Of course, since it is not a pure heist movie Ant-Man also has to fit in time for a traditional superhero origin story and a big supervillain battle before the movie is over.  Like Avengers: Age of Ultron it also takes some time away from the main plot to establish ties to the greater Marvel Cinematic Universe by having Ant-Man fight an Avenger to get a MacGuffin “needed” for the main heist.  Personally, I wish they had kept it closer to the traditional heist film structure and eliminated the battle at the end, merely leaving Darren Cross raging at how Hank Pym had pulled one over on him.  I am guessing my opinion is in the minority on this though.

As someone of Latino descent, I would be remiss if I didn’t talk a bit about Luis.  Played by Michael Peña, Luis is one of the first* Latino characters in the Marvel Cinematic Universe.  While I wish he was more then a comedy sidekick, he is genuinely funny and gets the most to do of any of the secondary characters.  Welcome to the MCU Luis, hopefully we will see you in the sequel.

All and all I enjoyed Ant-Man.  It had a good mixture of action and humor.  I don’t feel it was quite as enjoyable as last summer’s Guardians of the Galaxy but I would definitely recommend it to superhero movie fans.

 

3.5 carpenter ants out of 5 

 

*Maria Hill is Latina in the comics, but in the MCU she is played by a white actress (Cobie Smulders).  Conversely, Agent Sitwell is white in the comics, but is played by a Latino actor (Maximiliano Hernández) in the MCU.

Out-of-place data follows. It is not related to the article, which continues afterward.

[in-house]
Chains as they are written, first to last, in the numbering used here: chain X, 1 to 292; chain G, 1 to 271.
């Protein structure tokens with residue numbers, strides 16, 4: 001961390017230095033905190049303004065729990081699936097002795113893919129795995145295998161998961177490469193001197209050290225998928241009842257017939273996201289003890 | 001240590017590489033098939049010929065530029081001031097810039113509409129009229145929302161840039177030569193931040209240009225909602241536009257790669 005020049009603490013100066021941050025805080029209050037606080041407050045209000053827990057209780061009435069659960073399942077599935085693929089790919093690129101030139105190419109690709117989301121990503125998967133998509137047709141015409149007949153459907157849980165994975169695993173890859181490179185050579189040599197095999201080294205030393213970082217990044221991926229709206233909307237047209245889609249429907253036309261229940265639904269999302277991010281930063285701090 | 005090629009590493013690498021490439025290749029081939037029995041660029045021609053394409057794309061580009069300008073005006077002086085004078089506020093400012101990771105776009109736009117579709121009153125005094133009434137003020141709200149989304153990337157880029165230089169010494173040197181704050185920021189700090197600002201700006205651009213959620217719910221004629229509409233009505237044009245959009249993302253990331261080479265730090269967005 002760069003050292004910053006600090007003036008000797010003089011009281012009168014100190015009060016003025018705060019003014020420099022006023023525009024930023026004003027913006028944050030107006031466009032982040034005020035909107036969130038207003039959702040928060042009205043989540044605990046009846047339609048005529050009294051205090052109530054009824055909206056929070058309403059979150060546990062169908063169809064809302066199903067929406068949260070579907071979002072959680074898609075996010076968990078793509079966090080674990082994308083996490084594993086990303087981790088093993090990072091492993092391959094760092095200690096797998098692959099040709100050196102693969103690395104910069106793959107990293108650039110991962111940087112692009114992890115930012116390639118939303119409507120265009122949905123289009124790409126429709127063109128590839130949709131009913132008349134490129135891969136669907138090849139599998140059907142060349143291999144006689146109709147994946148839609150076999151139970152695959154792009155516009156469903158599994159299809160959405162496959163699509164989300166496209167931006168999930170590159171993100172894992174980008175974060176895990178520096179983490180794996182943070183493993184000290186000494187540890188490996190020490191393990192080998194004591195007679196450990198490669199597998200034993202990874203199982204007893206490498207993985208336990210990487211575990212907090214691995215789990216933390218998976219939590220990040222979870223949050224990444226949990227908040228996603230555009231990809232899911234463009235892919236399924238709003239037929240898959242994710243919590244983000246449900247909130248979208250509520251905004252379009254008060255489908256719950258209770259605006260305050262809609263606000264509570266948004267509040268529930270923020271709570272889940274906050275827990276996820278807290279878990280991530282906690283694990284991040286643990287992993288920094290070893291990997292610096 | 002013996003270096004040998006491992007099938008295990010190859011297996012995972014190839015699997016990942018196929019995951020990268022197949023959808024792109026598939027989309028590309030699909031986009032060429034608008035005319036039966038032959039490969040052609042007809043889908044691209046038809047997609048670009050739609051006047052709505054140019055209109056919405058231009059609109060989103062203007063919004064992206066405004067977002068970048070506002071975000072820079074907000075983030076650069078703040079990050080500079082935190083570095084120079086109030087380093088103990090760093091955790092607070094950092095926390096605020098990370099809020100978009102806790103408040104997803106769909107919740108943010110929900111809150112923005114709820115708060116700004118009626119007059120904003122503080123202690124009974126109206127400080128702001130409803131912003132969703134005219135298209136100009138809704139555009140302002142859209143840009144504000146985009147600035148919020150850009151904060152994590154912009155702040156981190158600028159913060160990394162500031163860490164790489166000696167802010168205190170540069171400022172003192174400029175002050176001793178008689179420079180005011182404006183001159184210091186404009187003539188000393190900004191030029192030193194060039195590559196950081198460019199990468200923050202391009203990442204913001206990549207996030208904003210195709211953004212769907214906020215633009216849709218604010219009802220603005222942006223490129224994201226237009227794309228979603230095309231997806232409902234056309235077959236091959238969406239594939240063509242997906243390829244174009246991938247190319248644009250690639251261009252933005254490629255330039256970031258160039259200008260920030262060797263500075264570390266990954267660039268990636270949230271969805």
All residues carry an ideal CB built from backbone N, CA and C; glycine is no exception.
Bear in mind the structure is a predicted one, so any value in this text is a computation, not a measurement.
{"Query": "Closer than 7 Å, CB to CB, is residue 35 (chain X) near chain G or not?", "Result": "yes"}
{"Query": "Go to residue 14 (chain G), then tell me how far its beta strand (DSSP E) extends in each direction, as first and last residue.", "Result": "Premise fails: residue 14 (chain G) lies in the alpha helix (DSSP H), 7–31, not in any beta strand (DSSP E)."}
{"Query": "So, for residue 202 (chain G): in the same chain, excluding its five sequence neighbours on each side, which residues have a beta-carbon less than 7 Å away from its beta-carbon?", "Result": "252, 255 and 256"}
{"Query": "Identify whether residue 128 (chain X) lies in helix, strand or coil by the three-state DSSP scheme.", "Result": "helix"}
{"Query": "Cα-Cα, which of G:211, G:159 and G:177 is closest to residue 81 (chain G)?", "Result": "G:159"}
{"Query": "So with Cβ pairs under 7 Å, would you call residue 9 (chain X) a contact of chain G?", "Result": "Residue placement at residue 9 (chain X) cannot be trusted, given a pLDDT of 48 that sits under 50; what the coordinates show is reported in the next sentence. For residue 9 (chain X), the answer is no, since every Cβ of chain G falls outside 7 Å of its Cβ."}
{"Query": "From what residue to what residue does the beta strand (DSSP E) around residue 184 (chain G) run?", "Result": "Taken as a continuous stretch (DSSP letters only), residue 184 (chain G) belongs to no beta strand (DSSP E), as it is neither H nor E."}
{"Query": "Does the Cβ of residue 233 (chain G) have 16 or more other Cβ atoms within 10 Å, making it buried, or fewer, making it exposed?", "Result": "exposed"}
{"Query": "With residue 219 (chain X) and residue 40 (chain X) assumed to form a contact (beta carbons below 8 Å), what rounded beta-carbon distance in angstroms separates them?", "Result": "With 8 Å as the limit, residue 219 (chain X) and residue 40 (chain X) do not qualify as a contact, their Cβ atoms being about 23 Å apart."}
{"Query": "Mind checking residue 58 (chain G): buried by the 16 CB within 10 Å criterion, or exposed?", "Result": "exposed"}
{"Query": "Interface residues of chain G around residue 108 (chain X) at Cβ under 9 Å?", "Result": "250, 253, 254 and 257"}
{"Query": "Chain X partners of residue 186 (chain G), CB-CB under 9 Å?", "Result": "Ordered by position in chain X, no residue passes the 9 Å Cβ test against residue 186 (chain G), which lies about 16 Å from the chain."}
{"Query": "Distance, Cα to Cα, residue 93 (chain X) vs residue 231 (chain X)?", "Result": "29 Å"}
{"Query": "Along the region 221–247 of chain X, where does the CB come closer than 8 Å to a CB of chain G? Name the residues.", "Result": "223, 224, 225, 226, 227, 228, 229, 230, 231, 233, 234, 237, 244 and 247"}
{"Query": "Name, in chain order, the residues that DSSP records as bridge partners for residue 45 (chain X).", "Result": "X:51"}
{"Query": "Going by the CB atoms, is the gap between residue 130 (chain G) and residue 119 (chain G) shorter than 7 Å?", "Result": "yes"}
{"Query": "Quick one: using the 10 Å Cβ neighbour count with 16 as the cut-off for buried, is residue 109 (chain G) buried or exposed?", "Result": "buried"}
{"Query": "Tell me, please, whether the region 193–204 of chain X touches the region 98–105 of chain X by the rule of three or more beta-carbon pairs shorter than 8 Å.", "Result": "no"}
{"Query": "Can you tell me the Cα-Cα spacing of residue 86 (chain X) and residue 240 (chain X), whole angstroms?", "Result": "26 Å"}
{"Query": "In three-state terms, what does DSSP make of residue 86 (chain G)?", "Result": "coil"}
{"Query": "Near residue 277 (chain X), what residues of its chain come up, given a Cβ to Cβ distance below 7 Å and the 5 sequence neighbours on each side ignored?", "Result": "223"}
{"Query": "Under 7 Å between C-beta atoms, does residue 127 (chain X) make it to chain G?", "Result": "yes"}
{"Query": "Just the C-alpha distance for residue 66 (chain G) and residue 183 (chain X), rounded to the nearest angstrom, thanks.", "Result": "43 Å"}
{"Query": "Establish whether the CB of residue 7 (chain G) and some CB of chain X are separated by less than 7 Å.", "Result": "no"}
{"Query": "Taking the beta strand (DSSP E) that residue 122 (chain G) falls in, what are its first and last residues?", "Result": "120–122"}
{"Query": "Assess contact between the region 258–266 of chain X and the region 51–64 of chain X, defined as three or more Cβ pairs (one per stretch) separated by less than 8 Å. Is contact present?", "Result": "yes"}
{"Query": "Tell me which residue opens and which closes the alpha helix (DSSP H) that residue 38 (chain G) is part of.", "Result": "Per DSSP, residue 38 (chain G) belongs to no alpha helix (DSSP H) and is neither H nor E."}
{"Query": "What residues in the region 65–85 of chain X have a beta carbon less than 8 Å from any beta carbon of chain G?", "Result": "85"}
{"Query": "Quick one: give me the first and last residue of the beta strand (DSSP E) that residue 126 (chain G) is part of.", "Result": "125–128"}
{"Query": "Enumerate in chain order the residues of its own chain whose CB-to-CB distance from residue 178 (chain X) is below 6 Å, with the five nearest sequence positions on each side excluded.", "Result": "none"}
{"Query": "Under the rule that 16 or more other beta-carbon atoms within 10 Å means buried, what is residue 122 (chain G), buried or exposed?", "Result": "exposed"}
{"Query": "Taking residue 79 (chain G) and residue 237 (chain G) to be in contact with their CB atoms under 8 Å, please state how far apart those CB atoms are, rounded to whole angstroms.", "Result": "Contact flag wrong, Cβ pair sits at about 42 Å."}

Game Recap: Princes of the Apocalypse Session 3–The Temple of Sacred Stone

Mon, 07/27/2015 - 10:00

Looks Peaceful Enough

Dramatis Personae

Glidion: High Elf Wizard (Enchanter) who exaggerates stories of his past triumphs. Unwitting pawn of the Zhentarim.

Gracealyn “Darkeyes” Droverson: Tethyarian Human Noble Fighter (Champion) who seeks to restore her lost family fortunes.  Member of the Lords Alliance.

Milo Miller: Lightfoot Halfling Cleric of Pelor (Life Domain). Seeks to spread worship of his god to Faerun.  Watcher of the Harpers.

Salazar Tomoki: Shou Human Monk (Way of the Open Hand).  Hermit who walks Faerun seeking enlightenment like Caine from Kung Fu.

Wrenna: Forest Gnome Rogue (Thief).  Little is known of Wrenna’s past other then that she has been on the wrong side of the law from a young age.

Recap

Having defeated the gargoyles and deciding that their suspicions about the monastery being a haven for evil were correct, the party decided to throw caution to the wind.  Well, not entirely to the wind as Wrenna snuck a peak into the central temple area prior to the group kicking open the doors.  Wrenna reported that there were a priest and two guards inside gathered around an altar at the far end, with four large columns of natural stone dominating the room and a large set of stairs heading down in the center.

The party seized the initiative and attacked.  Glidion lead the attack with a fireball to “soften them up”, followed quickly by the a fleet-footed and stealthy Salazar armed with shurikens.  Wrenna used her bow to great effect while Darkeyes was less effective with her javelin as she tried to close the gap.  Milo used a guiding bolt of magic to both attack and assist his comrades.  Glidion was able to take down the weakened priest and guards using magic to put them to sleep.